Headstrong had the opportunity of chatting to Chad le Clos a short while before the 2012 Olympic Games. Looking back on that interview after Chad’s amazing performances in London, raises some interesting points for our understanding of mental performance at an elite level.
“My strengths are my back end of my race which is usually the last 50m of a 200m race, and my under waters”. You only need to watch the race Chad swam in the 200m butterfly final, to realise how freakishly prophetic Chad’s comments are. He burst out of the blocks taking an early lead in the first lap after some great work under water. Michael Phelps, looking to set a record for winning gold in the same event in three consecutive Olympics, managed to beat Chad to the turn at the end of lap one. Coming down the last stretch Phelps look destined to win it, but Chad, again relying on his strengths, had a sensational finish to beat Phelps by 5 one hundredths of a second.
Chad’s performance in this race epitomised the performance of an athlete taking full advantage of their strengths. There is a growing body of research to indicate that training that emphasises an athletes’ strengths is an incredibly useful approach to development. This is a burgeoning field of research and practice in psychology, and there is evidence that people who use their strengths are more confident, more likely to achieve their goals and more effective at self-development, than those who don’t (Gordon & Gucciardi, 2012). This idea has been further stimulated by the advances in neuroscience that indicate our greatest return on our investment into development comes from focusing on the synaptic connections that are already strong (Hodges & Clifton, 2004). These dominant synaptic connections are the physical correlates of thoughts and behaviours that we perform well and repeatedly; our strengths.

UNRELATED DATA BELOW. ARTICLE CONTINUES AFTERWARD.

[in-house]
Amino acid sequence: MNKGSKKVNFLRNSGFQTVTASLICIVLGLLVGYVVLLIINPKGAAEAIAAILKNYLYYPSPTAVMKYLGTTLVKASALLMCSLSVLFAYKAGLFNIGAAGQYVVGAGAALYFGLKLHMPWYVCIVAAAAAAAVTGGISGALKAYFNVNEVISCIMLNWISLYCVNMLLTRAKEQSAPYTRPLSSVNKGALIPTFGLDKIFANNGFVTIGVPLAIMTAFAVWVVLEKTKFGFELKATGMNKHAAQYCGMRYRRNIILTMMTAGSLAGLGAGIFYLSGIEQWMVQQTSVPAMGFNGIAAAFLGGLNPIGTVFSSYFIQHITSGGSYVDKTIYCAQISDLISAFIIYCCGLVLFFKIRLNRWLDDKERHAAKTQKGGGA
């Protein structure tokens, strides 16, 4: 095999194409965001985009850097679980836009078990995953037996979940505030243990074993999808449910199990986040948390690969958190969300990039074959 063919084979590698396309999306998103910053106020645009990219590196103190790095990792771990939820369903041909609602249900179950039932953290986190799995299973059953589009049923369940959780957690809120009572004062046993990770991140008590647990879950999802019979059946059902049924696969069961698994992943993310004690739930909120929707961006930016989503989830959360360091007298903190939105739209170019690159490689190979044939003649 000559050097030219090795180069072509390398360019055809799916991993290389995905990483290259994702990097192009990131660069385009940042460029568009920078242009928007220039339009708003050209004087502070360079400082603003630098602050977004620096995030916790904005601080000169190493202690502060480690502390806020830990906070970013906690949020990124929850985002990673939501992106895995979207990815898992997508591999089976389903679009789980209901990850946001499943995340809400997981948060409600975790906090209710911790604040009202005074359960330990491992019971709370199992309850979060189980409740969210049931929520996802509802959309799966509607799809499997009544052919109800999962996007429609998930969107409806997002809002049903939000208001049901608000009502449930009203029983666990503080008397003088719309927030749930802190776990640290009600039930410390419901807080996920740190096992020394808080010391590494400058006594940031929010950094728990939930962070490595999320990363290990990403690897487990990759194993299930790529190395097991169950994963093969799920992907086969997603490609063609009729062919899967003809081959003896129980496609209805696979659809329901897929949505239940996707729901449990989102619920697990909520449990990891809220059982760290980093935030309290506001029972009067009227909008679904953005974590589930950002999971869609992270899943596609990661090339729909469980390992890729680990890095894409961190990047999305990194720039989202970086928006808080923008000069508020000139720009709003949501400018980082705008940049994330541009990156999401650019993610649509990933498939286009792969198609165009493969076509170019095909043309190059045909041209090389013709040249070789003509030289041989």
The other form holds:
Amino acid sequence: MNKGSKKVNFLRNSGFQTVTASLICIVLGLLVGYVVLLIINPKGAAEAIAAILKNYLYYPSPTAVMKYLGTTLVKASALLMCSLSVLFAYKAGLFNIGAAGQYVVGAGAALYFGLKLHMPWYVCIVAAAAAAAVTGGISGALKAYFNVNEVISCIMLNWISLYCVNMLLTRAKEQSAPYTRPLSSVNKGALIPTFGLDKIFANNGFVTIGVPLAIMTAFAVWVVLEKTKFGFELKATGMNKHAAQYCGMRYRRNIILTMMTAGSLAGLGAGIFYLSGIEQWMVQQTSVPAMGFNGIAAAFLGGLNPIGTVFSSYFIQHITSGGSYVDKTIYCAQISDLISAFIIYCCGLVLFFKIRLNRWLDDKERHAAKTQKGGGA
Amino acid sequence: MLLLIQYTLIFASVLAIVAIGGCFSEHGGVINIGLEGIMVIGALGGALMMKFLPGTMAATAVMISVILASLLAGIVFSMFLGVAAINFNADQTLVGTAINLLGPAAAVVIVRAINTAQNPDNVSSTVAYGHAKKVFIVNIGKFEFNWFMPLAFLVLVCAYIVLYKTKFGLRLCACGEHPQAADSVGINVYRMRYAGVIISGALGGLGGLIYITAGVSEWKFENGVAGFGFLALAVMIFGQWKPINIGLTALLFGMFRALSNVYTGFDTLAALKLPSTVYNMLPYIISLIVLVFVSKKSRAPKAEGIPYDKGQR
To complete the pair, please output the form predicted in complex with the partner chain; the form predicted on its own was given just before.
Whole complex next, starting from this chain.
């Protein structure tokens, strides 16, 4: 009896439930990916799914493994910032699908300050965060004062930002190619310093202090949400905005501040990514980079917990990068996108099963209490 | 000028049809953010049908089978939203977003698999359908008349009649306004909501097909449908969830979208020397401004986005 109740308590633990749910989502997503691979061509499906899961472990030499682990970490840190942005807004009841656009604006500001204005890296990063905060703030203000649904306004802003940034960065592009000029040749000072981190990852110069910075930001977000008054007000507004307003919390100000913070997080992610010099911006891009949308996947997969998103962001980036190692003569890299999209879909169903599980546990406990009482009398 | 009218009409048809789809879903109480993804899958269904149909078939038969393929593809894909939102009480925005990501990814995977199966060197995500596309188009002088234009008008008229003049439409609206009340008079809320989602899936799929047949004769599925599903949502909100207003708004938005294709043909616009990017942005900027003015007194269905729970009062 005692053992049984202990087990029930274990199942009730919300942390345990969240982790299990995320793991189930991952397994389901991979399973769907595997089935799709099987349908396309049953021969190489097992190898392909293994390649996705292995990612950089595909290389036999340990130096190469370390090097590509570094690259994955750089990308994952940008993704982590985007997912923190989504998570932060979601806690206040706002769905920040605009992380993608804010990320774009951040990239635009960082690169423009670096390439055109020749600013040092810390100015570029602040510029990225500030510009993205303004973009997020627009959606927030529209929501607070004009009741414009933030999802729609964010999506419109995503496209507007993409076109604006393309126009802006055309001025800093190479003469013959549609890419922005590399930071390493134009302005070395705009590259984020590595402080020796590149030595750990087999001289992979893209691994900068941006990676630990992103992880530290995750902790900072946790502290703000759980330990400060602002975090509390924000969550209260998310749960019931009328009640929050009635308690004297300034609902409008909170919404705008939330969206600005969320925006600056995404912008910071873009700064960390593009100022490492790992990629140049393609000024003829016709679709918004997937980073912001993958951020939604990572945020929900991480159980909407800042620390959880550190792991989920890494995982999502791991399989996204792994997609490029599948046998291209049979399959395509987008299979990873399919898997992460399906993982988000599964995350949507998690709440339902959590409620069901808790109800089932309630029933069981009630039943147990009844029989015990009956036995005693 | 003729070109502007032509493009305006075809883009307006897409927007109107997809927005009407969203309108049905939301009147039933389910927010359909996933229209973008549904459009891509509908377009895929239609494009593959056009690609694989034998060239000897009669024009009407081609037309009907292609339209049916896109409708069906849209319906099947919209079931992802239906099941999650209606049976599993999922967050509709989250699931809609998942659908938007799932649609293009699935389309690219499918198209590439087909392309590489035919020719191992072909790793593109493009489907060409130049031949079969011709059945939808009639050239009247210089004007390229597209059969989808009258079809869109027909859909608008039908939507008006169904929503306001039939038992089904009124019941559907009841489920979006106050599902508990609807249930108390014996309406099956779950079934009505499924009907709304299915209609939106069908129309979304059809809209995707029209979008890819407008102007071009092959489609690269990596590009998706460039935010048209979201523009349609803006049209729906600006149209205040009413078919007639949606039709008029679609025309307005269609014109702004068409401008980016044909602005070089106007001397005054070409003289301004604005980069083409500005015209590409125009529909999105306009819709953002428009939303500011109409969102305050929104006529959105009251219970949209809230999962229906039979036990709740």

Expanding on his strengths, Chad placed a strong emphasis on his work ethic, “I work really hard in training”. For Chad this single aspect of an athlete’s approach seemed to be most significant, he spoke often of ‘working extremely hard’ and ‘pushing yourself further when your body can’t go anymore’.
This is an important point for those looking for the formula for success, or the ‘top 5 tips to improve performance’. There is a common misconception that adding a new technique, or piece of equipment, is going to be the difference between winning and losing. Associations with the recipe for greatness, quick fixes, or magic pills, suggest that it’s just a matter of putting certain elements together in the perfect combination, and the results will fall into your lap. What is really significant about Chad’s approach, is the discipline, commitment and hard work. Various other factors play a role in determining success (talent, level of competition, luck) but the insight that Chad provides is how vital hard work is. In fact the importance of deliberate practice in success is well acknowledged, with the idea of the ten thousand hour rule, now a popular concept (Crust, 2008). Talent and the combination of physical, technical and psychological attributes are extremely important, but it would be fair to say that talent and ability alone rarely result in success, especially the Olympic kind.